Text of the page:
Morrissey

Morrissey

Steven Patrick Morrissey (/ˈmɒrɪsiː/; born 22 May 1959), known mononymously as Morrissey, is an English singer, songwriter, and author. He came to prominence as the frontman of the rock band the Smiths, which was active from 1982 to 1987. Since then, he has pursued a commercially successful solo career. Morrissey's music is characterised by his baritone voice and distinctive lyrical content featuring recurring themes of emotional isolation, sexual longing, self-deprecating and black humour, and anti-establishment stances.

Born to working-class Irish immigrants in Davyhulme, Lancashire, Morrissey grew up in nearby Manchester. As a child, he developed a love of literature, kitchen sink realism, and pop music. In the late 1970s, he fronted punk rock band the Nosebleeds with little success before beginning a career in music journalism and authoring several books on music and film in the early 1980s. He formed the Smiths with Johnny Marr in 1982, soon attracting national recognition for their eponymous debut album. As the band's frontman, Morrissey attracted attention for his trademark quiff and witty and sardonic lyrics. Deliberately avoiding rock machismo, he cultivated the image of a sexually ambiguous social outsider who embraced celibacy. The Smiths released three further studio albums—Meat Is Murder, The Queen Is Dead, and Strangeways, Here We Come—and had a string of hit singles. The band were critically acclaimed and attracted a cult following. Personal differences between Morrissey and Marr resulted in the separation of the Smiths in 1987.

In 1988 Morrissey launched his solo career with Viva Hate. This album and its follow-ups—Kill Uncle, Your Arsenal, and Vauxhall and I—all did well on the UK Albums Chart and spawned multiple hit singles. Replacing Marr, he took on Alain Whyte and Boz Boorer as his primary co-writers. During this time, his image began to shift into that of a burlier figure who toyed with patriotic imagery and working-class masculinity. In the mid-to-late 1990s, his albums Southpaw Grammar and Maladjusted also charted but were less well received. Relocating to Los Angeles, he took a musical hiatus from 1998 to 2003 before releasing a successful comeback album, You Are the Quarry, in 2004. Ensuing years saw the release of albums Ringleader of the Tormentors, Years of Refusal, World Peace Is None of Your Business, Low in High School, and California Son, as well as his autobiography and his debut novel, List of the Lost.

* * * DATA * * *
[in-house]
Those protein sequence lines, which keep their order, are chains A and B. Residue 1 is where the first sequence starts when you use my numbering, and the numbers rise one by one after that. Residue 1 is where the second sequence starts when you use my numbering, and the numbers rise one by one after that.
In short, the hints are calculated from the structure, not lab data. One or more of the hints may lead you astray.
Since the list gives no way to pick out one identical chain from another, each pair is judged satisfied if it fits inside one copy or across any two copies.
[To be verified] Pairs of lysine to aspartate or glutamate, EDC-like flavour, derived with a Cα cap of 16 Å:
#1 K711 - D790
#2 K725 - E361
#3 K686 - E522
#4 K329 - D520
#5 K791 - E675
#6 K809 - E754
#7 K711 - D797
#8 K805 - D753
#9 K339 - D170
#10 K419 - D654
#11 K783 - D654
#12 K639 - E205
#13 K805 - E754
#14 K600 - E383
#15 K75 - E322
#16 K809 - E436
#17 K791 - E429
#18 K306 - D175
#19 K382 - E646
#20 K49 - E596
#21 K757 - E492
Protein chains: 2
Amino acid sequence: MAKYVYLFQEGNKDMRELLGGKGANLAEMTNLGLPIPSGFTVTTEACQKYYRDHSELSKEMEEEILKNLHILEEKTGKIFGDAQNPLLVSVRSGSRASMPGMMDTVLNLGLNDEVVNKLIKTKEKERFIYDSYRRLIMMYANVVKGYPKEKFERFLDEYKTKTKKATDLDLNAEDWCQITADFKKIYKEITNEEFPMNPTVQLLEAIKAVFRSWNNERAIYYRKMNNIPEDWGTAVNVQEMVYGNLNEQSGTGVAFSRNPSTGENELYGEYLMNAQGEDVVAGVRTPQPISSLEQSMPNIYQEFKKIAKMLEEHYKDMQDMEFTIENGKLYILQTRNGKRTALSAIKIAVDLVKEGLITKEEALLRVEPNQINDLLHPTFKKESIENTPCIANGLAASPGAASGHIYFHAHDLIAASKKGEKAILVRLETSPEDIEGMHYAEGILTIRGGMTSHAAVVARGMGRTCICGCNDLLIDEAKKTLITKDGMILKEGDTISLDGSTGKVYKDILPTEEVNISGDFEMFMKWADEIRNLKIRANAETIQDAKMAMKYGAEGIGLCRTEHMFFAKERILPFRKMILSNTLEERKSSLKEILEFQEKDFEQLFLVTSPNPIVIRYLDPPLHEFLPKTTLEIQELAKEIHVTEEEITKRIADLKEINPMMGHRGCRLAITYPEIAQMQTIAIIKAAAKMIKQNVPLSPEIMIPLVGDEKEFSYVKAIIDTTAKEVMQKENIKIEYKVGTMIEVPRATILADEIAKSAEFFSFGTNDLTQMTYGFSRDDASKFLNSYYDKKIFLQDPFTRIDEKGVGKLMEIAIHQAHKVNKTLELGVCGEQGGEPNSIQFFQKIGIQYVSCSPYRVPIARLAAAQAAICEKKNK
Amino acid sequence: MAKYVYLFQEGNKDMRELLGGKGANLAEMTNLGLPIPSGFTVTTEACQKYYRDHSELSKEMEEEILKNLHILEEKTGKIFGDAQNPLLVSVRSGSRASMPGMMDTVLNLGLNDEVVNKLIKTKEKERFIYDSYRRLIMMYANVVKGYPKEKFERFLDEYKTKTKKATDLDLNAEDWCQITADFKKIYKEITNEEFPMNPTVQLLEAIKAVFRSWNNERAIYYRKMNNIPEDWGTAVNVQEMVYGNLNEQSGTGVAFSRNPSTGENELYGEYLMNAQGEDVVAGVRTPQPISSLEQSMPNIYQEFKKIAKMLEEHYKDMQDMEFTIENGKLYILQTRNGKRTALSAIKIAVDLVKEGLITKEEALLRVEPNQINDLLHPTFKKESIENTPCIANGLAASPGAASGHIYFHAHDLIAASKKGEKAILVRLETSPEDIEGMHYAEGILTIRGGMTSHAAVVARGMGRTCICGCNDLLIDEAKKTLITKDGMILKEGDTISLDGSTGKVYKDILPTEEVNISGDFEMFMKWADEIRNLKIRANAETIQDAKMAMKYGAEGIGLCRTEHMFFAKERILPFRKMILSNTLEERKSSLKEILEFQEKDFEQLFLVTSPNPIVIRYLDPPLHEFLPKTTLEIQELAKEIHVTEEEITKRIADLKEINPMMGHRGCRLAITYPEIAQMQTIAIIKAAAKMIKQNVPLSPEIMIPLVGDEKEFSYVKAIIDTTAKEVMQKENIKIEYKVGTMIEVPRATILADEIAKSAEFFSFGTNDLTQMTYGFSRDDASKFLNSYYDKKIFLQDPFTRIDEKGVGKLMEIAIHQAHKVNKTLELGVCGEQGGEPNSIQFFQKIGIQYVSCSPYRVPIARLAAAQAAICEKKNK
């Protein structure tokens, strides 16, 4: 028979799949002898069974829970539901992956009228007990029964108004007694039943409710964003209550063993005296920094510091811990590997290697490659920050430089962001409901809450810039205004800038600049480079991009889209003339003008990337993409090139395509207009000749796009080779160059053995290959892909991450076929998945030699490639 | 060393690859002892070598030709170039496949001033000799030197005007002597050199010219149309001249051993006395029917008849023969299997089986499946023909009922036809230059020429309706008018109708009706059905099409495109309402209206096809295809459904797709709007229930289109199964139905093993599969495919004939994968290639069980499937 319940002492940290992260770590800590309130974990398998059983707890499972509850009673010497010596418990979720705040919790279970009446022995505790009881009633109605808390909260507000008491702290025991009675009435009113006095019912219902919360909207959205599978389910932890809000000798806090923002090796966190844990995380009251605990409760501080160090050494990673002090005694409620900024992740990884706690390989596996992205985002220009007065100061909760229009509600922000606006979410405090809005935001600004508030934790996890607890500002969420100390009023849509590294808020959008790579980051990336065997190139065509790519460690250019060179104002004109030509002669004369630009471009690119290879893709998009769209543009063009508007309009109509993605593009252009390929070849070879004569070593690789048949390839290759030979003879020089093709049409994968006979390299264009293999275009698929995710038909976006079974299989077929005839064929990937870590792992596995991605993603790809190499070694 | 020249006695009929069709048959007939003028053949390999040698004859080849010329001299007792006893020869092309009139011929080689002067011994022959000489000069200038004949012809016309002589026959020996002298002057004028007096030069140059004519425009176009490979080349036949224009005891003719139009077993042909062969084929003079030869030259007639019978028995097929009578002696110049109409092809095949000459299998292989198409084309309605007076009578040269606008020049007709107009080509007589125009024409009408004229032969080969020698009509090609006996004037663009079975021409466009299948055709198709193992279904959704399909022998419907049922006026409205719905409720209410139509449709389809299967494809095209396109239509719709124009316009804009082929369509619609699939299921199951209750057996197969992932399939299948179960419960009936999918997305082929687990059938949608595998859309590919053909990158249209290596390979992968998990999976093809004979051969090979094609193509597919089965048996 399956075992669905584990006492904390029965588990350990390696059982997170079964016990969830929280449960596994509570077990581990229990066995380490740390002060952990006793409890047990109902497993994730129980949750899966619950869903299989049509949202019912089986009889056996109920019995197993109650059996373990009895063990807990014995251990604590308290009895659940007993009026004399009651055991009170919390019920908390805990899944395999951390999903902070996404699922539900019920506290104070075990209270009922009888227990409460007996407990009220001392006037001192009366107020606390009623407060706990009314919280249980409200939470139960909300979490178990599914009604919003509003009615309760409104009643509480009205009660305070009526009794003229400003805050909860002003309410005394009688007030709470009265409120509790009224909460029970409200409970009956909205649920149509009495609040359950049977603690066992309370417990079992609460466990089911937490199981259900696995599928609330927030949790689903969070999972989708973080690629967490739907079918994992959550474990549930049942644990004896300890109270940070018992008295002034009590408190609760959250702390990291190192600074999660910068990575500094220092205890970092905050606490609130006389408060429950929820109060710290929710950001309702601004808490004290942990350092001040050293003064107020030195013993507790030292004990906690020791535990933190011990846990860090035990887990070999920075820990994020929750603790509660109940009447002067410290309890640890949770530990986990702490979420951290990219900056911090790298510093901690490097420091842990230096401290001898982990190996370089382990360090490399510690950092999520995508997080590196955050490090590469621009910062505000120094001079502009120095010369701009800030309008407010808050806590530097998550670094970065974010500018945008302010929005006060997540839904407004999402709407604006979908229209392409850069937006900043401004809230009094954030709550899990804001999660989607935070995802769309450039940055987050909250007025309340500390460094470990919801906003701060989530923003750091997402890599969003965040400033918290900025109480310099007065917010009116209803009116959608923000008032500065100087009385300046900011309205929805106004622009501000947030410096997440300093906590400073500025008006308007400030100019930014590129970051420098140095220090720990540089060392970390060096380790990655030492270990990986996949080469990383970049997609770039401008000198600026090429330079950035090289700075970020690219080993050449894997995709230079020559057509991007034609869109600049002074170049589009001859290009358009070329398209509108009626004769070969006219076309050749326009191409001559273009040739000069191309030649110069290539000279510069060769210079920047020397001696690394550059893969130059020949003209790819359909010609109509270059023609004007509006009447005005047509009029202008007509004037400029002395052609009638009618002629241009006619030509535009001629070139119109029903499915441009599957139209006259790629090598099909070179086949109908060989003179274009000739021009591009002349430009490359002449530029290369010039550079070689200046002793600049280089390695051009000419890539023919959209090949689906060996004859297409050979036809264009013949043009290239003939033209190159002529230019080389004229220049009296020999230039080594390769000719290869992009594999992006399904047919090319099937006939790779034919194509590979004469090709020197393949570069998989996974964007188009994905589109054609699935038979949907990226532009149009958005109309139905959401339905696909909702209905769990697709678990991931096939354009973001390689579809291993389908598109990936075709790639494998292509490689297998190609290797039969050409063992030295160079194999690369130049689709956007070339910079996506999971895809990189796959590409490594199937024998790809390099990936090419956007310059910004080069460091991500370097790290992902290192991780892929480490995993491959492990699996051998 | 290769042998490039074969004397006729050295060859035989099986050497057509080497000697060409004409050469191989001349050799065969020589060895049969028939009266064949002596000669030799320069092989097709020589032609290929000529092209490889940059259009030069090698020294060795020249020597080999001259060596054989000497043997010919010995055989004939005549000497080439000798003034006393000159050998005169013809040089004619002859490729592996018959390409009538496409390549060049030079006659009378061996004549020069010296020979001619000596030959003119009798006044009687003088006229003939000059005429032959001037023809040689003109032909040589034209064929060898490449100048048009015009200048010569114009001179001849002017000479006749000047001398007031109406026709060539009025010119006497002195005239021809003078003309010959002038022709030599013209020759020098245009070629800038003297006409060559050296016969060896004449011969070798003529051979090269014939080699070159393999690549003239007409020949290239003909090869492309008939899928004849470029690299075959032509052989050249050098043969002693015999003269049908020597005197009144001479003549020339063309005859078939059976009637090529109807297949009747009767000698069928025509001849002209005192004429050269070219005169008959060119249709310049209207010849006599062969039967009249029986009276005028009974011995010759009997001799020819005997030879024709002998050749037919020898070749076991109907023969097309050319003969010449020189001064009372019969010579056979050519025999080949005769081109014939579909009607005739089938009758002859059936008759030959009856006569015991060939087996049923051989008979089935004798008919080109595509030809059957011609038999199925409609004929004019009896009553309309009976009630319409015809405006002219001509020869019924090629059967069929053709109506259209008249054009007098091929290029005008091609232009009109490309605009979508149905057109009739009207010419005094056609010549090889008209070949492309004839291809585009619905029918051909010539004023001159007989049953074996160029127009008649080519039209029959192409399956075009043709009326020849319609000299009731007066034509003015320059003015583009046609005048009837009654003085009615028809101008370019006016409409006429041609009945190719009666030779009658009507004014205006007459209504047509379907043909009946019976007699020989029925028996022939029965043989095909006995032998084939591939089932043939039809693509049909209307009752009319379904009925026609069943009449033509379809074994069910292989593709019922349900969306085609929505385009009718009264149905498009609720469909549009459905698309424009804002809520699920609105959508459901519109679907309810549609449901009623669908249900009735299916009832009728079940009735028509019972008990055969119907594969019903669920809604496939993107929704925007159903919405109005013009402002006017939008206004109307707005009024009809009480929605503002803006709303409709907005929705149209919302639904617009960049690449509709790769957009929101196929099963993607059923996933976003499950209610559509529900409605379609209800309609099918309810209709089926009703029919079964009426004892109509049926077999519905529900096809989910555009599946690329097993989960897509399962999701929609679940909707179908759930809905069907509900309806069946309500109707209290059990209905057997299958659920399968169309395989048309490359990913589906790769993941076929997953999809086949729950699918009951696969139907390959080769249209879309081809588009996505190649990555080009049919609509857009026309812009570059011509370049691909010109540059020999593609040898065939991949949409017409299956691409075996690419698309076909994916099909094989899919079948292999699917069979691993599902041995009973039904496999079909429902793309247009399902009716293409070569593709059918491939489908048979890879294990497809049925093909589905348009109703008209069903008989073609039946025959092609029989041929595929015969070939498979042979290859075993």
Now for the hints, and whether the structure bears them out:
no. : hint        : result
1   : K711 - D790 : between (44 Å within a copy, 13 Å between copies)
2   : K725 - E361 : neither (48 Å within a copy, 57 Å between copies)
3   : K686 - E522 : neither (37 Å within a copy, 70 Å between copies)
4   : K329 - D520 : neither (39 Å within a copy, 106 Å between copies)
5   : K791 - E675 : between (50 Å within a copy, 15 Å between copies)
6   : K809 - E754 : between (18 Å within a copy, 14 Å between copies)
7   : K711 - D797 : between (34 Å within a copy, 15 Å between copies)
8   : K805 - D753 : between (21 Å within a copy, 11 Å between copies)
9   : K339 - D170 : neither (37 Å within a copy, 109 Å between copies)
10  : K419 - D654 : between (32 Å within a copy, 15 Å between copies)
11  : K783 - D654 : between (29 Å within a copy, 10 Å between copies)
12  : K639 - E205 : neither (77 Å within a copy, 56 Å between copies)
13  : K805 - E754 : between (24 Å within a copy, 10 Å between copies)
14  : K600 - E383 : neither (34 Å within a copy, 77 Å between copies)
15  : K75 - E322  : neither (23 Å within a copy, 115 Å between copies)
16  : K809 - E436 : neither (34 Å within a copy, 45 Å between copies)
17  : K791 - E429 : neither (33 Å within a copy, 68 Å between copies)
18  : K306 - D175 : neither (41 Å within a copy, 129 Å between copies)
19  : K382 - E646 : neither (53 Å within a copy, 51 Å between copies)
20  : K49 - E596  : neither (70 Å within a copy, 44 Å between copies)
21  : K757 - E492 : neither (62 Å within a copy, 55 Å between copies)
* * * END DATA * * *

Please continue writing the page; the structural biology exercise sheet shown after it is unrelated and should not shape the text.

Highly influential, Morrissey has been credited as a seminal figure in the emergence of indie rock and Britpop. Regarded as one of the greatest lyricists in British history, his lyrics have become the subject of academic study. He has been a controversial figure throughout his music career with his forthright opinions and outspoken nature—endorsing vegetarianism and animal rights, criticising royalty and prominent politicians, and critiquing the impact of Americanisation and immigration on the national identity of England. In a 2006 poll for the BBC's Culture Show, Morrissey was voted the second-greatest living British cultural icon.

AVAILABLE ALBUMS BY MORRISSEY

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